11. It was then contended by Mr. Chakraborty, on a reference to Section 6B of the said Act and so also Section 2(j) of the Central Sales Tax Act, that sale would mean sale within the State and not outside. While making such submissions, Mr. Chakraborty also referred to the definition of 'dealer' in Section 2(c) of the said Act and on the basis thereof, he also claimed that since sales would mean sale by a dealer in West Bengal and the term 'every dealer' in Section 6B would mean dealer in West Bengal, so transactions outside West Bengal cannot be included, as claimed by Mr. Dutt, for the purpose of computing the turnover under the said Act. He further submitted that in terms of Section 2(j) as mentioned above, inter-State sales cannot form the basis in West Bengal or under the said Act, as necessary prerequisite for arriving at the turnover, as claimed by Mr. Dutt. Mr. Chakraborty further submitted that the case of Hoechst Pharmaceuticals Ltd.'s [1984] 55 STC 1 (SC) being a case of surcharge, which is tax on tax as mentioned above, the same would not be applicable in the case of turnover tax. He stated that the Calcutta decision as indicated above, still holds good on the question of turnover tax and the more so when the same was made at on the basis of the determinations in A. V. Fernandez's case [1957] 8 STC 661 (SC), which according to him, has not at all been upset by the Supreme Court in the latter decision in Hoechst Pharmaceuticals Ltd. v. State of Bihar AIR 1983 SC 1019. It was contended by him that since under Section 2(j) of the Bihar Act, the concerned definition is inclusive of gross turnover, which is not the case under the said Act so also the submission on the distinguishability of the Hoechst Pharmaceutical Ltd.'s case reported in AIR 1983 SC 1019, should succeed and it must be held that by such determination, the Supreme Court has not overruled A. V. Fernandez's case [1957] 8 STC 561 (SC).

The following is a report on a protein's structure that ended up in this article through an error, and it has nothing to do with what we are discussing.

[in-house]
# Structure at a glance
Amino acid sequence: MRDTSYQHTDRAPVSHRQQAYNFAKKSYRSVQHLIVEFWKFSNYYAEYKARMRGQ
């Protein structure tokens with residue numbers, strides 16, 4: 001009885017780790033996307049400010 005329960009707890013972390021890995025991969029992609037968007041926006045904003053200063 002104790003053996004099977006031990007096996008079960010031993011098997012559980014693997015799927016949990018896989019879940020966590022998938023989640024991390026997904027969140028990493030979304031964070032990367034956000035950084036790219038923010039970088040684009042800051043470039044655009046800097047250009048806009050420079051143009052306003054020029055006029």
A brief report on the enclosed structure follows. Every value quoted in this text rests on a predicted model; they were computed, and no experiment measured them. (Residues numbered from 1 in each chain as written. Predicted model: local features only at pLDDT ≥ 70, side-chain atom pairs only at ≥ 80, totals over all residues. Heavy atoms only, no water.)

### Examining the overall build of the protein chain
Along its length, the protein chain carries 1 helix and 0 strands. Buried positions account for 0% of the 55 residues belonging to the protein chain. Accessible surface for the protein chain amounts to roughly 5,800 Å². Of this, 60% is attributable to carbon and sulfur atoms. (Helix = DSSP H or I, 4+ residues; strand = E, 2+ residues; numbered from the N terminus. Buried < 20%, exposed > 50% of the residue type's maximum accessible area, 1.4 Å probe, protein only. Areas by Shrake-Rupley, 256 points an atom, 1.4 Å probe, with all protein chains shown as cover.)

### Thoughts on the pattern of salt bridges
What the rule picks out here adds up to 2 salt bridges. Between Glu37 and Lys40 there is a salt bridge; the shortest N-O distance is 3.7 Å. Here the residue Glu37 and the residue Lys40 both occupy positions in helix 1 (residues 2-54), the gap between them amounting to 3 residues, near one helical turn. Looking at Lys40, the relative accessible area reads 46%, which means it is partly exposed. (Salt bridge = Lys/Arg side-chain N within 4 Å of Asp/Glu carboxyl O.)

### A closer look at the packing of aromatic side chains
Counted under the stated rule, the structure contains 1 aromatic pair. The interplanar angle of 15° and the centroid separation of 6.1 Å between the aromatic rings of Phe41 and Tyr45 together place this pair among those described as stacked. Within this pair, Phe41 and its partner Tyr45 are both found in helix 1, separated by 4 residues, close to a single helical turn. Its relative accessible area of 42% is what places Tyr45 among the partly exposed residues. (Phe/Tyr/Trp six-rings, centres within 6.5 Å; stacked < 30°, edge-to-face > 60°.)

12. It was then contended by Mr. Chakraborty that the present application is not bonafide, as the respondents in the Rule who are the appellants herein, have not applied for setting aside or challenging the orders dated 15th October, 1982, 8th December, 1982, 24th February, 1984 and 5th September, 1984 as made by this Court in other proceedings on the same facts. In fact, he claimed that on the basis of those orders which have been disclosed along with his client's affidavit-in-opposition, the order for securing 50% by cash and 50% by bank guarantee should be deemed to be due, proper, justified and legal. It was then submitted by Mr. Chakraborty that in A. V. Fernandez's case [1957] 8 STC 561 (SC), which has also been interpreted in Hoechst Pharmaceuticals Limited's case [1984] 55 STC 1 (SC), three stages have been indicated and those stages, in fact, have not been disagreed by the Supreme Court in their later decision. In any event, for the reasons as indicated hereinbefore and since the determination in Hoechst Pharmaceuticals Ltd. v. State of Bihar AIR 1983 SC 1019 was on surcharge, but not on turnover tax. Mr. Chakraborty restated that the said determinations will have no application in the instant case. Then he referred to the case of State of Bihar v. Rai Bahadur Hardut Roy Moti Loll Jute. Mills [1960] 11 STC 17 (SC), wherein it has been observed that the transactions attracting the provisions were in substance outside the scope of the Act and in a case where amongst others one of the considerations was whether a dealer is liable to pay tax as collected to the Government. In fact, it has been observed in that case that a claim for the exclusion of a part of a dealer's turnover on the strength of Section 33(1)(a)(i) of the Bihar Act cannot be said to be an allowable deduction under the proviso to Rule 19 of the Bihar Sales Tax Rules. In that case, it has also been observed that that transactions which attract the provisions of Section 33 are in substance outside the scope of the Act on which no tax can be imposed and a claim by a registered dealer in respect of such transactions cannot in law be regarded as a claim for allowable deduction or exemption properly so called. It would be straining the language of the second part of the proviso to Rule 19 to hold that such transactions fall within its purview. Mr. Dutt of course claimed that the issue in the abovementioned case was different and the same not being with regard to turnover tax, the determinations as made by that judgment would not hold good in the facts and circumstances of the present case.